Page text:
GSU Master Teacher Program: On Learning Styles

This file discusses briefly (1) the four dimensions underlying the Myers-Briggs Type Indicator (MBTI), and (2) several teaching approaches that will appeal to different MBTI profiles.

The 126 item Myers-Briggs Type Indicator (MBTI), Form G, is the most reliable method for assessing student learning style. The MBTI provides data on four sets of preferences. These preferences result in 16 learning styles, or types. A type is the combination of the four preferences. The most common MBTI type for business undergraduates is the ESTJ, the Extraverted-Sensing-Thinking-Judger.

The MBTI instrument should be administered in the first or second class period by the counseling center at your school. It takes about 45 minutes to complete the instrument. The counseling center can score the MBTI and share the data with the students. Students enjoy learning about themselves and find the MBTI data informative.

Extraversion (E) versus Introversion (I)

This preference tells us how people "charge their batteries." Introverts find energy in the inner world of ideas, concepts, and abstractions. They can be sociable but need quiet to recharge their batteries. Introverts want to understand the world. Introverts are concentrators and reflective thinkers. Their motto is: Ready, Aim, Aim, ..... For the introvert, there is no impression without reflection.

Extraverts find energy in things and people. They prefer interaction with others, and are action oriented. Extraverts are interactors and "on-the-fly" thinkers. Their motto is: Ready, Fire, Aim. For the extravert, there is no impression without expression.

The majority of undergraduate students are extraverts. Based on data from the Center for Applied Psychological Type (CAPT) between 56% and 58% of over 16,000 freshman students at three state universities were extraverts. Interestingly, over 83% of college student leaders were extraverts, while over 65% of Phi Beta Kappas were introverts. Our own data base indicates that over 65% of business students are extraverts. It is not surprising that almost two-thirds of undergraduate business students are extraverts. Students may major in business administration because the business world appreciates and rewards action which coincides with the extraverts' strength.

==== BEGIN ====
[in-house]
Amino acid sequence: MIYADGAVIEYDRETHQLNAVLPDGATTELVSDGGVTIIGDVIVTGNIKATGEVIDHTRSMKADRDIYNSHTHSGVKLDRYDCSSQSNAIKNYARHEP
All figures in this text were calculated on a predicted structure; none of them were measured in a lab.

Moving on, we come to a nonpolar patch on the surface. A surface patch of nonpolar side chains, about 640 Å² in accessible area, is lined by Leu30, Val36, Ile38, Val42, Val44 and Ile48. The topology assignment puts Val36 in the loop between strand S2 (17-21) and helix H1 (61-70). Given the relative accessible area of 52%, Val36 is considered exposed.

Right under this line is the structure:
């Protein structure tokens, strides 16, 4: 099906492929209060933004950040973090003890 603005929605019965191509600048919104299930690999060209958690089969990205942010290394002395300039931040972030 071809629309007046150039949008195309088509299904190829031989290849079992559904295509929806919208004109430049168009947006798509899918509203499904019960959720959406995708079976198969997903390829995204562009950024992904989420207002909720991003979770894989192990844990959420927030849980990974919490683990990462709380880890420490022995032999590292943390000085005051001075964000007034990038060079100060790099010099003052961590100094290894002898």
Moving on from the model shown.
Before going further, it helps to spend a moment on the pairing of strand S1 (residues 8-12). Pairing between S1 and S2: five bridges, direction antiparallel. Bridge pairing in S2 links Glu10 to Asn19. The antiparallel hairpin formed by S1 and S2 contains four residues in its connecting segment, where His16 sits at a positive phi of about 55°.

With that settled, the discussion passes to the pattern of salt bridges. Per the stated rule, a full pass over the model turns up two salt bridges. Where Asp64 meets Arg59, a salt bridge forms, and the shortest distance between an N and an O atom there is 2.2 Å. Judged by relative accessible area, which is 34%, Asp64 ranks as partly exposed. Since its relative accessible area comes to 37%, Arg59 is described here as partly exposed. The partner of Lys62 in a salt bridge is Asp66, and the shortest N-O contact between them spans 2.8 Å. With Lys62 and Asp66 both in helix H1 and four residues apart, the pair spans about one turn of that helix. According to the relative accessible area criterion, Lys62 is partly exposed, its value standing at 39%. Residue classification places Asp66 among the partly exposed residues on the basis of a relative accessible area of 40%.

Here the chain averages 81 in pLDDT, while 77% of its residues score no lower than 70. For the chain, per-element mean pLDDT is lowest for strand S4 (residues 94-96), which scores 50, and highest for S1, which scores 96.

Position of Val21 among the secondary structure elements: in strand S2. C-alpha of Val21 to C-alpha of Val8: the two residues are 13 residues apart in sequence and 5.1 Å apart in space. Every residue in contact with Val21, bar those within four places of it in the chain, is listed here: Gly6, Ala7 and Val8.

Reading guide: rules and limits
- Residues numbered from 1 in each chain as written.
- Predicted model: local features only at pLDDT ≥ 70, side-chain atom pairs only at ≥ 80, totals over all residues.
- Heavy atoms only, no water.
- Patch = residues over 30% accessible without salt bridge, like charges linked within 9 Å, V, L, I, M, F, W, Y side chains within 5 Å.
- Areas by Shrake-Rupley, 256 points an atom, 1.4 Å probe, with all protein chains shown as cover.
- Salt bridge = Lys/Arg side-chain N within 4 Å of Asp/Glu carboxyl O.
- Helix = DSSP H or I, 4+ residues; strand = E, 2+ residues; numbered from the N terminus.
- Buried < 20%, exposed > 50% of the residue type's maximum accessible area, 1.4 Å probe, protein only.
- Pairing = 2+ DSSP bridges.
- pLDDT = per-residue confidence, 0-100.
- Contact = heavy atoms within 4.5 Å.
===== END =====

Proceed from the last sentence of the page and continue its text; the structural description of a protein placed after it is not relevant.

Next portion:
The majority of university faculty are introverts. CAPT reported that almost 55% of 2,282 faculty are introverts. Our own data base for business faculty indicates that over 60% are introverts..

Teaching Extraverted Students

Extraverted students learn by explaining to others. They do not know if they understand the subject until they try to explain it to themselves or others. Extraverted students have told us that they thought they knew the material until they tried to explain it to a fellow student. Only then did they realize they did not understand the subject.

Extraverted students enjoy working in groups. Consider in-class or outside-of-class group exercises and projects. We recommend the